Mountain Brook Junior High – Paul Hnizdil, Matt Howard, Tami Genry
“We can’t just teach our children what we already know; we must also train them how to discover what is not yet known,” John Hunter, developer of the World Peace Game. As trained facilitators of the WPG, we have seen the impact of this experience on our students and believe it is important to grow as facilitators as well as increase the number of facilitators in our building. In doing so, we can improve our effectiveness, deepen our understanding, and reach more students with this interactive learning experience, fostering the engagement of knowledge, creativity, and wisdom in students within an environment that requires them to apply strategies of innovation, critical and creative thinking, intuitive collaboration, and problem solving. By questioning and guiding students along a path to the ultimate outcome of the experience we provide space for students to build structures and relationships that lead to compassion, empathy, and deeper connections to their content. As a district, we value and expect effective, challenging, and engaging education, and this experience epitomizes this purpose.
Crestline Elementary – Heather Phillips and Katie Meyerpeter
The Collaboratory will be an inspired teaching and learning environment where students will be immersed in the design thinking process through a series of fully equipped, reconfigurable zones. By engaging in real-world problems and creating real-world solutions in the zones, all students will deepen their levels of understanding new concepts and will further develop skills such as effective communication, collaboration, research, critical and creative thinking, and metacognition, all hallmarks of project-based learning. Mountain Brook City School’s philosophy is to provide an effective, challenging and engaging education for every one of its students, and The Collaboratory will emphasize this mission by encouraging innovation in a space with opportunities to turn abstract concepts into tangible learning experiences. It will lessen the learning practice tendency to fragment much of what we learn. For instance, robotics should not be taught in seclusion; it should be part of an overall concept with a defined learning goal that crosses disciplines. The same thinking goes for math, reading, and writing. The Collaboratory will provide the proper learning environment and materials to help students make sense of what they learn. Ultimately, The Collaboratory can be used by all students with the goal of being a model classroom that exemplifies the future direction of education. Since the materials purchased will be durable and sustainable, the number of students ultimately impacted will be immense.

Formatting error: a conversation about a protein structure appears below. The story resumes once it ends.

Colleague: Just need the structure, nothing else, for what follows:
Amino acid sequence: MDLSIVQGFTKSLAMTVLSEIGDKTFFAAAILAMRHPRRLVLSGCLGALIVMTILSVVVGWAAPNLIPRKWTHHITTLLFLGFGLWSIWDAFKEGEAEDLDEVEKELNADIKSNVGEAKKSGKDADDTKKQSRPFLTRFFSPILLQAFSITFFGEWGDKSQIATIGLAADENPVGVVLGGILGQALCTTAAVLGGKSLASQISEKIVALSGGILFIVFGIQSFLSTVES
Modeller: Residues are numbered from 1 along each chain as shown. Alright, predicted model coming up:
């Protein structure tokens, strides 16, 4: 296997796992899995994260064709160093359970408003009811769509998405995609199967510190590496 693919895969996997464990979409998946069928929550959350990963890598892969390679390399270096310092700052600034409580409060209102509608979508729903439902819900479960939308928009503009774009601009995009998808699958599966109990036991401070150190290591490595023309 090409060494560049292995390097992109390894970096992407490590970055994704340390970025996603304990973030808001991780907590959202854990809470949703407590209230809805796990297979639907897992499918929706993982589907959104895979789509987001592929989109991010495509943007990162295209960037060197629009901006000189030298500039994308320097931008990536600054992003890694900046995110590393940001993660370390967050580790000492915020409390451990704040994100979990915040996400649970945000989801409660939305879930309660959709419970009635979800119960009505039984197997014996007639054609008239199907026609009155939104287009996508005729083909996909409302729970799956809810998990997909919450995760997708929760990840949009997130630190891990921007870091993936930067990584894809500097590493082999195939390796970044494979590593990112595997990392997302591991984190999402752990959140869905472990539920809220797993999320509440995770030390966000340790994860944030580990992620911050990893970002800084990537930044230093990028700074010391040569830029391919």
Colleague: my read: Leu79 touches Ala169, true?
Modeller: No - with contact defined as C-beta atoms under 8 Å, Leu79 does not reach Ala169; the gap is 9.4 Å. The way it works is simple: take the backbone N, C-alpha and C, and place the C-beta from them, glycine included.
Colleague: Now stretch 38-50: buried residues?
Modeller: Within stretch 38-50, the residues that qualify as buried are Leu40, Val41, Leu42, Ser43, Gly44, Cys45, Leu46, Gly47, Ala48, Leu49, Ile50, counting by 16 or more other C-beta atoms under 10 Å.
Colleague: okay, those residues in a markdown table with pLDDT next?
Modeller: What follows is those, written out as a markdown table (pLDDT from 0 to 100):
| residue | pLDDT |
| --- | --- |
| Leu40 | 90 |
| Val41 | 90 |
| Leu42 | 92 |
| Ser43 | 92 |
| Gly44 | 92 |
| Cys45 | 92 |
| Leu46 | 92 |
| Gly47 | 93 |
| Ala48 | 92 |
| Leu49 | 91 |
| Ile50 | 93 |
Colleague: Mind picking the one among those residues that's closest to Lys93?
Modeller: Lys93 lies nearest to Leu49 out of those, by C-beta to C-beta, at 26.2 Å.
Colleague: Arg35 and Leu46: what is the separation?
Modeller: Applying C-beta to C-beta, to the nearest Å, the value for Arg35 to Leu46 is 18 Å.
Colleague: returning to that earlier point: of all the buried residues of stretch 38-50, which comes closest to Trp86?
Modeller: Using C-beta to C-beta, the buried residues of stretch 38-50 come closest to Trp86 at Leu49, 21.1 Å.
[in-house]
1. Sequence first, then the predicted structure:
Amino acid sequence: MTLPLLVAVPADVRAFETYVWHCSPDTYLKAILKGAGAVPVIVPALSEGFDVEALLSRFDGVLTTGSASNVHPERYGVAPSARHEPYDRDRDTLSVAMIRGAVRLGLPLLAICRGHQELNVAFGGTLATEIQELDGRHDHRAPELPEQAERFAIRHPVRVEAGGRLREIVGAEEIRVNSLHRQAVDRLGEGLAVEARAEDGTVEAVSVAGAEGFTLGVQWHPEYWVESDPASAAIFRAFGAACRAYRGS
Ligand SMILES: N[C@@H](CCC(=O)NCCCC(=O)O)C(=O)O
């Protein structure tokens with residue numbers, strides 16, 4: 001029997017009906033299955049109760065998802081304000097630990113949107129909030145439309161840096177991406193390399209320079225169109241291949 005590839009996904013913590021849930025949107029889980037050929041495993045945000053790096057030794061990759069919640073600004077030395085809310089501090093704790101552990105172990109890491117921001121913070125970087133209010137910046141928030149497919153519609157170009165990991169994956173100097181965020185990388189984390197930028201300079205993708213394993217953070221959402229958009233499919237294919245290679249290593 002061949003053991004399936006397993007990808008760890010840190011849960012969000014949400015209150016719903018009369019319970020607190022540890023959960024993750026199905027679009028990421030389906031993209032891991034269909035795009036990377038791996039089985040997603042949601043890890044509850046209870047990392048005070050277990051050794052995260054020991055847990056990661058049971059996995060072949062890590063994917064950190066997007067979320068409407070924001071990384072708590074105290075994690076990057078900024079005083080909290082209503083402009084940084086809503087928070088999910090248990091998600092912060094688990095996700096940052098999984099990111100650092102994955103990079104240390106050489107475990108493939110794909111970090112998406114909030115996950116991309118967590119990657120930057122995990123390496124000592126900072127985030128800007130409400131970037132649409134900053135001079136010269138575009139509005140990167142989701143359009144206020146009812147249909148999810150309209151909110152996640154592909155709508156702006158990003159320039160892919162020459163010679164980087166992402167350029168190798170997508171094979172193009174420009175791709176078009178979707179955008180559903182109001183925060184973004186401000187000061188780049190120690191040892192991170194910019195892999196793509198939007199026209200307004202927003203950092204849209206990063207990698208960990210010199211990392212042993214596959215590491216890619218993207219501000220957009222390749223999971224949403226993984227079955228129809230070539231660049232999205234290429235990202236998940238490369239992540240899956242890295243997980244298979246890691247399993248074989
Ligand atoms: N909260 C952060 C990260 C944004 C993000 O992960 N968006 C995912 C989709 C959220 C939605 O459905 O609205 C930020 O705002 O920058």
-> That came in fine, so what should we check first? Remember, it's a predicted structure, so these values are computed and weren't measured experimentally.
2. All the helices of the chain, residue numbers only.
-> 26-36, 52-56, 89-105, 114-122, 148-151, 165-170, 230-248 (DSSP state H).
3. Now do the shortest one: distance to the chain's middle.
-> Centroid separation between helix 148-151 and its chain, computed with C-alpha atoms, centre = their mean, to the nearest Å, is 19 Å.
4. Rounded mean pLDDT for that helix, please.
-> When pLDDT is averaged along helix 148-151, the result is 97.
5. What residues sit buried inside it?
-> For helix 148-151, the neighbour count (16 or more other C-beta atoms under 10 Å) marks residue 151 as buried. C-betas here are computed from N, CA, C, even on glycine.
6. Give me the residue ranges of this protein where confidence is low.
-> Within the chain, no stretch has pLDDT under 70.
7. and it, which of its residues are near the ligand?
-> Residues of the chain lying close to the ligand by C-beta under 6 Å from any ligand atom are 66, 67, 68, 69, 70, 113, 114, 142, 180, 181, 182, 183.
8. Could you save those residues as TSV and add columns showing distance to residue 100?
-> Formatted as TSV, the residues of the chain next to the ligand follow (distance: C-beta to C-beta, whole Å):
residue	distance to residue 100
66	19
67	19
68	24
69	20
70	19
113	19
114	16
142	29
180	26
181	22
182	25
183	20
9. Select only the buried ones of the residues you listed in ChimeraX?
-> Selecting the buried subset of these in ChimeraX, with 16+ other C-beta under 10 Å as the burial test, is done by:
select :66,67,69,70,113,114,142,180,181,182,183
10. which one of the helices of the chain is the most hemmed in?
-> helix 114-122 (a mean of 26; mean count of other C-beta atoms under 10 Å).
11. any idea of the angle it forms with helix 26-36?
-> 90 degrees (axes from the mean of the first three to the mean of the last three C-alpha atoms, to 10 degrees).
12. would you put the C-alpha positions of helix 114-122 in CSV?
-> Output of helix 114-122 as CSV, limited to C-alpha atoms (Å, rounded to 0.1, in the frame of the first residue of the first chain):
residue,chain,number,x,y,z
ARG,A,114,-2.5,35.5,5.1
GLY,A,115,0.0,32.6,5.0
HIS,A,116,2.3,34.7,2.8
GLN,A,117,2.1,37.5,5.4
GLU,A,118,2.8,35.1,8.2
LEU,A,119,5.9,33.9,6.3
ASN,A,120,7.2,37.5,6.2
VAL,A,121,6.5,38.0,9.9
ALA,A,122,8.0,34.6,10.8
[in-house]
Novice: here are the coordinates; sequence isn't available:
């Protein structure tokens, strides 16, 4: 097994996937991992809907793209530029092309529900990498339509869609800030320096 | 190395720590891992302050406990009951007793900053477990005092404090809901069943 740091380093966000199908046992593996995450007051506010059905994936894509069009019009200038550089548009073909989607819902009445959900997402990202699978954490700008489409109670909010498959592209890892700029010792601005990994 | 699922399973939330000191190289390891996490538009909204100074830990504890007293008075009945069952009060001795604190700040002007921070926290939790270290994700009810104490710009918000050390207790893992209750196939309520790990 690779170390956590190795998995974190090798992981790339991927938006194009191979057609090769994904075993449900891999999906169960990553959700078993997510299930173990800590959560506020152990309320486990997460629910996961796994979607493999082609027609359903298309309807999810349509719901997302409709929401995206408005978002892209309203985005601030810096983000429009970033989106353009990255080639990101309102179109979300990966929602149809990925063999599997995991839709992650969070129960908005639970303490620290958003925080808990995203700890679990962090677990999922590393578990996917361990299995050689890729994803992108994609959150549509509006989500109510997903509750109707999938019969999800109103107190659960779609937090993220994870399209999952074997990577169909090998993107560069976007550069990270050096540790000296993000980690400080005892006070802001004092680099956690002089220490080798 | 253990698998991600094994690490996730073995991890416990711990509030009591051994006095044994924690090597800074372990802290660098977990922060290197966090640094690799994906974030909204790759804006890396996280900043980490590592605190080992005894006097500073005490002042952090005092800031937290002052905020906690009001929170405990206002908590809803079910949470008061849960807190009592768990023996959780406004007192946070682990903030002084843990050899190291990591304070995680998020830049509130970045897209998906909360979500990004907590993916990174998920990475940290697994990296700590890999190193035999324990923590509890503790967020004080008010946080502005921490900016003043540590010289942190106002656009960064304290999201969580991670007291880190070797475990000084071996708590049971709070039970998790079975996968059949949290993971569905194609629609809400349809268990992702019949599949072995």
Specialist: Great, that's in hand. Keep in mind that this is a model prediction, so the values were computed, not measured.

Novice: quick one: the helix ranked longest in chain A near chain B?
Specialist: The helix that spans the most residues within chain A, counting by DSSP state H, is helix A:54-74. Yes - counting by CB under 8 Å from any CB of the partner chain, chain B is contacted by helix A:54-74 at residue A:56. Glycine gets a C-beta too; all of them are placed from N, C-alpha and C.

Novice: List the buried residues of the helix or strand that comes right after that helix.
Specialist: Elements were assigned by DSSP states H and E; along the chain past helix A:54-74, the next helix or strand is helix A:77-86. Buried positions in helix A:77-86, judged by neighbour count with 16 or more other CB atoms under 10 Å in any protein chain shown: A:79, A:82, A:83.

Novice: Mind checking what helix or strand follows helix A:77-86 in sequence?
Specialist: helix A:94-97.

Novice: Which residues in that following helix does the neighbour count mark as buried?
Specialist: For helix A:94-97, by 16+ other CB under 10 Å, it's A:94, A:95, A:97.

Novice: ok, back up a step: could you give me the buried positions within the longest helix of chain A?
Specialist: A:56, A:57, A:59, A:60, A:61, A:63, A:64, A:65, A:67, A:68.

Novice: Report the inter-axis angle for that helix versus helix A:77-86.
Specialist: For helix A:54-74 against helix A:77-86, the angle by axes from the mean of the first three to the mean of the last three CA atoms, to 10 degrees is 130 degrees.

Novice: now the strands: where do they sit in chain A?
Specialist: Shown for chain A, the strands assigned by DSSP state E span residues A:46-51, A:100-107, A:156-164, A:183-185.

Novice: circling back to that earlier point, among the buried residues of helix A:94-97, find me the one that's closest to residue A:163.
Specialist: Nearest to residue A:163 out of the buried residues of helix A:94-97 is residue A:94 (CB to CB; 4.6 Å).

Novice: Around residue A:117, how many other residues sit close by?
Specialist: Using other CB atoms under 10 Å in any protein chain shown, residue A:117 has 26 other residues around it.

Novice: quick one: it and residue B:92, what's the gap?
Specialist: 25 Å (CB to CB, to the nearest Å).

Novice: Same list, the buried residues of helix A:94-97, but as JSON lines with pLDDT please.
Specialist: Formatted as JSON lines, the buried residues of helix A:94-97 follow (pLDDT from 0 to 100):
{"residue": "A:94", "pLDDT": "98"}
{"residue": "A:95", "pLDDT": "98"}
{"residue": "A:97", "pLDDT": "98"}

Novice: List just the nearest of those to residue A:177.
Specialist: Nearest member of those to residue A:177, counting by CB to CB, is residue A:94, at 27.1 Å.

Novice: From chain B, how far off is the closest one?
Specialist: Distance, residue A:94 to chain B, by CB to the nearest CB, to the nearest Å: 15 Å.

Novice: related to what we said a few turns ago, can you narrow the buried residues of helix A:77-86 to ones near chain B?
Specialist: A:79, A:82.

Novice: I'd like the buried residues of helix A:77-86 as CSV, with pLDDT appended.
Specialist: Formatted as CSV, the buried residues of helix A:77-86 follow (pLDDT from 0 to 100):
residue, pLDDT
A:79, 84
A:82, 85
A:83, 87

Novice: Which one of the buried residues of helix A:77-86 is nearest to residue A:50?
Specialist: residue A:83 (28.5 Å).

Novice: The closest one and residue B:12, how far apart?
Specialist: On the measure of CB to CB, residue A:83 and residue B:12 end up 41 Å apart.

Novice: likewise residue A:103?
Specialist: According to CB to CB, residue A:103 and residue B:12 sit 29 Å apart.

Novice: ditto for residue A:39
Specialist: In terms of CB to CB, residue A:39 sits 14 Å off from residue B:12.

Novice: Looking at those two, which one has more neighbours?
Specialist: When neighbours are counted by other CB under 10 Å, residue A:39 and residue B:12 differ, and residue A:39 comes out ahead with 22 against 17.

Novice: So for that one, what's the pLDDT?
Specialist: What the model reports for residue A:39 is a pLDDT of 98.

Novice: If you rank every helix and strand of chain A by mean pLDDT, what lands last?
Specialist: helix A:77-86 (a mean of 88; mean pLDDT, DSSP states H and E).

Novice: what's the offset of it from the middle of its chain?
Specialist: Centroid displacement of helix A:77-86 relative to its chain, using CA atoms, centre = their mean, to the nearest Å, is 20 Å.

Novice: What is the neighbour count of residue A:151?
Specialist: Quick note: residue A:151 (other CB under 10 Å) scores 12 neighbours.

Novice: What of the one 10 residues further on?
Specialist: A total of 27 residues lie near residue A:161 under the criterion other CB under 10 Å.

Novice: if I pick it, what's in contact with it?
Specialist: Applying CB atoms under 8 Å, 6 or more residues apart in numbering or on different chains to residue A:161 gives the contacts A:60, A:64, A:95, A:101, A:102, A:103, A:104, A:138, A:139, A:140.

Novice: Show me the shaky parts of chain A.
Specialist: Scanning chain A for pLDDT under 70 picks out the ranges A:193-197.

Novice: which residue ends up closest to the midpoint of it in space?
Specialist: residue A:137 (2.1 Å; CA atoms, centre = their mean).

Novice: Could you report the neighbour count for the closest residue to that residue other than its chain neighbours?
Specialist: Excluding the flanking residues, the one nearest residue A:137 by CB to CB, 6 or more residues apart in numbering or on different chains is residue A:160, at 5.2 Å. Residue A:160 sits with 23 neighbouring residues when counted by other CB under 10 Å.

Cherokee Bend Elementary – Hannah Umphrey, Emily Griner, Leah Saab, Betsy Draper, Alexandra Andrews, Heather Brown
Experimental education has been in play since the beginning of time. Imagine what would happen if we were to allow every child to experience wonder and a sense of discovery as they dig into the earth and discover a worm, a bug, or the roots of a plant. The delight on their faces reflect the joy of learning as they discover a flower in bloom or a bud of a vegetable they planted themselves. Cultivating our school garden will foster engagement, collaboration, and cross grade level relationships among students.
We believe that providing students with time to interact with nature, experience learning in an outdoor setting ,and the chance to experience the process of farm to table will benefit every aspect of the whole child, which in turn, would help create lifelong learners. It will help students build self-confidence, learn to cooperate with one another, and broaden the impact of the FOAC curriculum that is already in place at CBS.
Brookwood Forest Elementary – Tara Smith, Tanishia Sims, Perry Wright, Katie Seeger, Jennifer Jinnette, Stephanie Cook
The Classroom of our dreams starts with one big idea - kids first. A classroom where student voice and cooperative play are essential for students to feel invested in their own learning and can ignite passions that will increase their persistence.Through play, children develop the skills they need to expand their physical, emotional, social, and cognitive abilities. Cooperative play is naturally how young children learn. Based on the research of Wendy Suzuki play is the most transformative thing that a child can do for his/her brain. The brain is like a muscle and play strengthens both the prefrontal cortex (which is involved in executive functioning) and the hippocampus (which plays a key role in memory and learning). It is not a luxury but a necessity. Combine student voice with purposeful play and you will see a classroom that the world would want to live in.